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  33. One Hundred Years of Chinese Studies on Philosophy of Bertrand Russell: Continuities, Retrospectives, and New Directions.Jan Vrhovski - 2021 - Contemporary Chinese Thought 52 (1-2):1-8.
    The years 2020 and 2021 mark a centenary since the great British polymath Bertrand Russell visited China. One hundred years after the visit of the preeminent British philosopher Bertrand Russell to...
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  34. On Infinitesimals and Indefinitely Cut Wooden Sticks: A Chinese Debate on ‘Mathematical Logic’ and Russell’s Introduction to Mathematical Philosophy From 1925.Jan Vrhovski - 2021 - History and Philosophy of Logic 42 (3):262-280.
    In the years following Bertrand Russell's visit in China, fragments from his work on mathematical logic and the foundations of mathematics started to enter the Chinese intellectual world. While up until 1925 Chinese intellectuals like Zhang Shenfu, Zhang Dongsun and others mainly contributed to the dissemination of general notions from Russell's logicism, epistemology and mathematical philosophy, two aspiring Chinese mathematicians, Fu Zhongsun and Zhang Bangming, introduced to Chinese readers the first Chinese translation of Russell's Introduction to Mathematical Philosophy. One year (...)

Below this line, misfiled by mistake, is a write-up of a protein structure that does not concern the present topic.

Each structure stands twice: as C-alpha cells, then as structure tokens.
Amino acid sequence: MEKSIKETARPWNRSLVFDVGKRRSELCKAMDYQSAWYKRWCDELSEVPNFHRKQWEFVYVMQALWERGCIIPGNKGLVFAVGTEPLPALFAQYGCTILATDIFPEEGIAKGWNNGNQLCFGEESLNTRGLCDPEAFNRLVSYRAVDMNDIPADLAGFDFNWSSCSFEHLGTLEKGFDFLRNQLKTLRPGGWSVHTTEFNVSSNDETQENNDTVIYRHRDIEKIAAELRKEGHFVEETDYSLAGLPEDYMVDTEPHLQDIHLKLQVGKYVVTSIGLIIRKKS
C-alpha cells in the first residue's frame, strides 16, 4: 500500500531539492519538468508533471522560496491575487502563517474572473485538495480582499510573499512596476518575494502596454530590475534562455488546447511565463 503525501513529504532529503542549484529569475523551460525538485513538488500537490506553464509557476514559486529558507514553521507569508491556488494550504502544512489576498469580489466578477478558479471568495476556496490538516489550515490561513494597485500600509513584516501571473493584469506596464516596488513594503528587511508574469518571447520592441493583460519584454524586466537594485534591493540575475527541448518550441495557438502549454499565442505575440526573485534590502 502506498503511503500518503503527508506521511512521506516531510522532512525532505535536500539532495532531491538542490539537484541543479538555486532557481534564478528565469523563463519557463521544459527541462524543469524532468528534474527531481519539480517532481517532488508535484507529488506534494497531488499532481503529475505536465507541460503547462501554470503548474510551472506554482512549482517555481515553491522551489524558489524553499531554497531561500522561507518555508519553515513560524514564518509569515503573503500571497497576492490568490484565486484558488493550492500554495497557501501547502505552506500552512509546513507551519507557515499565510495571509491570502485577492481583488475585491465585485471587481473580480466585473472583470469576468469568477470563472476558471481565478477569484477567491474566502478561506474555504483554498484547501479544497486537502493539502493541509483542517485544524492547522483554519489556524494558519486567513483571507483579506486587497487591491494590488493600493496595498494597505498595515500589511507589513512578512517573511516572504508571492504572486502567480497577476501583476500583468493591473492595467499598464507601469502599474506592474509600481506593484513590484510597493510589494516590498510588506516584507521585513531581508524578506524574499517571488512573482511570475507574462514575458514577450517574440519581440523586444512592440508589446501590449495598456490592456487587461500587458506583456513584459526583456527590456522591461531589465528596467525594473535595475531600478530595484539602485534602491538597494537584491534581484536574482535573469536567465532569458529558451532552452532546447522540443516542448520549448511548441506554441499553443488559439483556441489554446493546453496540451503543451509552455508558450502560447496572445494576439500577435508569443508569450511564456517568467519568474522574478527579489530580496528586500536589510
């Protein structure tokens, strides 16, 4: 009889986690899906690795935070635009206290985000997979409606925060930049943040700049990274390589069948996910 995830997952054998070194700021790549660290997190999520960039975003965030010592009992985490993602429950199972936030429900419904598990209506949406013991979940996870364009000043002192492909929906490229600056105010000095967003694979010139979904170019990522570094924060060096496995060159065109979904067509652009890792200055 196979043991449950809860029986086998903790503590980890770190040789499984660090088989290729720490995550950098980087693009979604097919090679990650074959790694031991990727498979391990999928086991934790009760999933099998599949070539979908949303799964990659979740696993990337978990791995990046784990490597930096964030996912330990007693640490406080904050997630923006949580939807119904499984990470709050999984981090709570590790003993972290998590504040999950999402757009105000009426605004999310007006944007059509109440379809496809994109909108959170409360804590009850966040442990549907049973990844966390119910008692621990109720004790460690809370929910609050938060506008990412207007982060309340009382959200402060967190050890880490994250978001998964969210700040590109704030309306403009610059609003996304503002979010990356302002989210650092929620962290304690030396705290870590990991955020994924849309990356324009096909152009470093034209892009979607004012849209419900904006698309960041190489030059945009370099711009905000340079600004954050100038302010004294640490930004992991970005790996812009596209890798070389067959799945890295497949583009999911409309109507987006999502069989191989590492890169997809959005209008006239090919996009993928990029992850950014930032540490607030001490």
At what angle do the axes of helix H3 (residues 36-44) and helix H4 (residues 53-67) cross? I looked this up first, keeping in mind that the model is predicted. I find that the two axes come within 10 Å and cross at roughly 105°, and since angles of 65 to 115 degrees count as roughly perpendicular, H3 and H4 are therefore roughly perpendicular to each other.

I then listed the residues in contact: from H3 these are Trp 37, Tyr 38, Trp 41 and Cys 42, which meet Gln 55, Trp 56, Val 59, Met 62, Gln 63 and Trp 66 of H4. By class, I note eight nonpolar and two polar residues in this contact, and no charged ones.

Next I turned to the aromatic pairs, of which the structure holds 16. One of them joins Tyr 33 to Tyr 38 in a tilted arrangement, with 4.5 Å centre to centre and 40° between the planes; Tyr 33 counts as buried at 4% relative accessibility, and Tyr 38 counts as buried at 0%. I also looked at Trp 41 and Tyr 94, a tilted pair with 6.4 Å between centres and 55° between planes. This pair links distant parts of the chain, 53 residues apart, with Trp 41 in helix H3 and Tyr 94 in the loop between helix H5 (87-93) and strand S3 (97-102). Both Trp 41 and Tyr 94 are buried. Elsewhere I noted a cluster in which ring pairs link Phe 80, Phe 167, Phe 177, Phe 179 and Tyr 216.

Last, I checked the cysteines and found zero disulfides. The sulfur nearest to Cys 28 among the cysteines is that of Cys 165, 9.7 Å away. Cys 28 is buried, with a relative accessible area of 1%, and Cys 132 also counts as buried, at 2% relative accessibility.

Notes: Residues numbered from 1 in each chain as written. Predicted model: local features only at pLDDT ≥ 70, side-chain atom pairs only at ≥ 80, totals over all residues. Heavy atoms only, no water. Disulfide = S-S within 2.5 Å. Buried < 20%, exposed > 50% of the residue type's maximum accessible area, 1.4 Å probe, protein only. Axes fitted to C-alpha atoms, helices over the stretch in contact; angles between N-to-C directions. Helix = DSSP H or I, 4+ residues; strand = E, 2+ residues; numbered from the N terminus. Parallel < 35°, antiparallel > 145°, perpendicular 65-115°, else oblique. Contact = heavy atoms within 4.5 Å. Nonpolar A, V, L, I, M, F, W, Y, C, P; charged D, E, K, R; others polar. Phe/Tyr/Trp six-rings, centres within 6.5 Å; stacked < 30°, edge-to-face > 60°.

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  35. Radical Empiricism, Neutral Monism, and the Elements of Mind.Donovan Wishon - 2021 - The Monist 104 (1):125-151.
    Neutral monism is the view that both ‘mind’ and ‘matter’ are grounded in a more fundamental form of reality that is intrinsically neither mental nor material. It has often been treated as an odd fringe theory deserving of at most a footnote in the broader philosophical debates. Yet such attitudes do a grave disservice to its sophistications and significance for late nineteenth and early twentieth-century philosophy of mind and psychology. This paper sheds light on this neglected view by situating it (...)
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  36. A Critical Analysis of Russell's Epistemology.[Wu Rujun 吳汝鈞] & Ng Yu-Kwan - 2021 - Contemporary Chinese Thought 52 (1-2):79-108.